The users contributing content to your site will, by default, own the copyright to that content. They don't need to register a copyright - copyright is automatic. This is explained by the U.S. Copyright Office:
So what gives you, the website owner, the right to display that content on your website, and profit from it?
Let's see how GitHub explains its rights in its Terms of Service:
This means that users aren't giving up their Intellectual Property rights when they submit their content to GitHub. However, they are agreeing to grant GitHub certain rights to publish and share their content. Therefore, users who submit content through GitHub can't sue GitHub for copyright violation when GitHub publishes that content.
In some media, users generate content by modifying a product that is already copyrighted. This is the case with video games, where users create "mods" (modifications) of the source material. This is a developing and uncertain area of Intellectual Property law.
In the case of Micro Star v FormGen, Micro Star created and sold custom maps for the video game Duke Nukem 3D. FormGen, the creators of Duke Nukem 3D, said that this was a breach of its copyright. The court decided that Micro Star's custom maps were derivative works. They depended too heavily on FormGen's original game, and so were an violation of FormGen's copyright.
It's not always clear whether a mod will represent original or derivative works. Some video game creators even encourage the commercial use of modifications and set this out clearly in their terms.
If you're planning to let your users create modified versions of your content, it will be wise for you to clearly address the issue of modification in your Terms and Conditions.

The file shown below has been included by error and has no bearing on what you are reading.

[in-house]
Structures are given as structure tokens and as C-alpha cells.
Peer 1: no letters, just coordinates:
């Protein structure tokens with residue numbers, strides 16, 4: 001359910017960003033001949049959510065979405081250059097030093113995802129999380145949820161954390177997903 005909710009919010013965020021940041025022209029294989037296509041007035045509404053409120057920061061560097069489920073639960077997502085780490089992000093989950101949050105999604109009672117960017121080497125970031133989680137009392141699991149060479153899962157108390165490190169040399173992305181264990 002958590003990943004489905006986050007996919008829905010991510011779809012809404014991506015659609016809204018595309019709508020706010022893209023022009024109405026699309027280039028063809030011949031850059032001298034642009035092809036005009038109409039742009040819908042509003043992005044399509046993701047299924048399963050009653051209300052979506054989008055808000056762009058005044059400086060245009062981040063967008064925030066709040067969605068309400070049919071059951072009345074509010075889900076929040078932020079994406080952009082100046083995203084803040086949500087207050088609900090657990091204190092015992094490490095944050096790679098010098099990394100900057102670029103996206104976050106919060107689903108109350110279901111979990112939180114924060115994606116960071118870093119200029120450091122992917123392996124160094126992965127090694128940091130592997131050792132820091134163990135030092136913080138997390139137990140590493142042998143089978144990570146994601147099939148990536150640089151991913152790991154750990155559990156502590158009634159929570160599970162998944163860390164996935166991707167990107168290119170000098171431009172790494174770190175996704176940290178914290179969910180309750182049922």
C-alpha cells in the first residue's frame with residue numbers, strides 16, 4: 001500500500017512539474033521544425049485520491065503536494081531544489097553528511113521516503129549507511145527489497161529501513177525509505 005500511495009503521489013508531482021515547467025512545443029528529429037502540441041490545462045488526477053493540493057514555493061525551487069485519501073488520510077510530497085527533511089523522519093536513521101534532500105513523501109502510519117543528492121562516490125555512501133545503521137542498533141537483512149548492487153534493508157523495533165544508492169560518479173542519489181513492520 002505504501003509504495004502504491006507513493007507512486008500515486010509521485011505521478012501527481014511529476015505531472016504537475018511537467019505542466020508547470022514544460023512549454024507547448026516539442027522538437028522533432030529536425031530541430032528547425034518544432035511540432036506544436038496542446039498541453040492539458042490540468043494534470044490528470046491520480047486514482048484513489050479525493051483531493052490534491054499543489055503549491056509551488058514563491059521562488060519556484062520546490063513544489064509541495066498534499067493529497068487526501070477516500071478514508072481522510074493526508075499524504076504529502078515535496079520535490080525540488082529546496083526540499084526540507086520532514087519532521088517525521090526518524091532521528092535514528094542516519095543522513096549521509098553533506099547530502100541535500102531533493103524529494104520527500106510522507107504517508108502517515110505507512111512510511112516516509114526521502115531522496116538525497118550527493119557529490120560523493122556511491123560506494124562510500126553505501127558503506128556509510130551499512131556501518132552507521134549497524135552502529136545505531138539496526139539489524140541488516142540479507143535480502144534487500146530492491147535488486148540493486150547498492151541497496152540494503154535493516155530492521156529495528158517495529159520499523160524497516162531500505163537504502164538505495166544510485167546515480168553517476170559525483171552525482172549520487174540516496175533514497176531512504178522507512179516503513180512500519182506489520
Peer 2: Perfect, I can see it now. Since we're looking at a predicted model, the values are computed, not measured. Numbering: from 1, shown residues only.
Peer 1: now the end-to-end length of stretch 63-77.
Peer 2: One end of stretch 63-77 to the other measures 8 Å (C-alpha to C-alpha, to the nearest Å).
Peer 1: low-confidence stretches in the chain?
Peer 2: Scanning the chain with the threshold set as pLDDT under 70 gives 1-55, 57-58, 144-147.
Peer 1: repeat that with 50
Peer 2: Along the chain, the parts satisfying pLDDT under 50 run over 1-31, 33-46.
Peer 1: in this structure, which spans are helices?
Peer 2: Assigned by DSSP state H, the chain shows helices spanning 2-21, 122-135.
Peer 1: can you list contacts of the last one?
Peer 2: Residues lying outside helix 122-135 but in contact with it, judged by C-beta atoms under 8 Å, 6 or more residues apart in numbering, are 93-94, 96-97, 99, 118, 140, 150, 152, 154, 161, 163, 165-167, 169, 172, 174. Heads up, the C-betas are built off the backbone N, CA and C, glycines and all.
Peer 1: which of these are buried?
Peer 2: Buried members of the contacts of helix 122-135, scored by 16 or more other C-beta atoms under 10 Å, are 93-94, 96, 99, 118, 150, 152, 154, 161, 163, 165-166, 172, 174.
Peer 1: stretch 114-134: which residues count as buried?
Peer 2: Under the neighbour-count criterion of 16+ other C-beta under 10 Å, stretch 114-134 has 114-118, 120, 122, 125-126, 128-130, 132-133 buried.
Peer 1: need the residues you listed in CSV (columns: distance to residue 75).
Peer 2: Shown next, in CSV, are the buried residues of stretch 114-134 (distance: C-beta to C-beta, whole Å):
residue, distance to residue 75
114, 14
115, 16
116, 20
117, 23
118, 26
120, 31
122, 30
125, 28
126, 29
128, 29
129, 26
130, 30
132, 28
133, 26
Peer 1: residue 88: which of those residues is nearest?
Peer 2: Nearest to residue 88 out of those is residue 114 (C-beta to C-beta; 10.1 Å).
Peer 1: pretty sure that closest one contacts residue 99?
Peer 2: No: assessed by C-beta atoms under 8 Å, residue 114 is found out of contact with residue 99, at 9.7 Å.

Let's look at how Minecraft explains this to its users in its Commercial Guidelines:
This means that Minecraft actually allows its users to profit commercially from their modifications of the game.
Regardless of what your stance is on this, make it clear in your Terms agreement what you allow or disallow.
You may feel you aren't responsible for what people say or do on your pages. Whilst you may not be able to control exactly what goes on, you may hold legal liability for anything displayed on your website.
One way of protecting yourself against any legal issues your users bring about is by including an indemnity clause in your Terms and Conditions.
Here's another example from news website The Guardian:
This means that if a user breaches the website's Terms (breaks the rules of the website), and this breach results in legal action being taken against the website's owners, the user is responsible for any and all costs incurred by the website's owners.
Despite all the risks associated with User Generated Content, allowing your customers to get more involved in your website or brand is too good an opportunity to miss.
Just make sure that you have a well-constructed set of Terms and Conditions that does the following:
This article is not a substitute for professional legal advice. This article does not create an attorney-client relationship, nor is it a solicitation to offer legal advice.
01 July 2022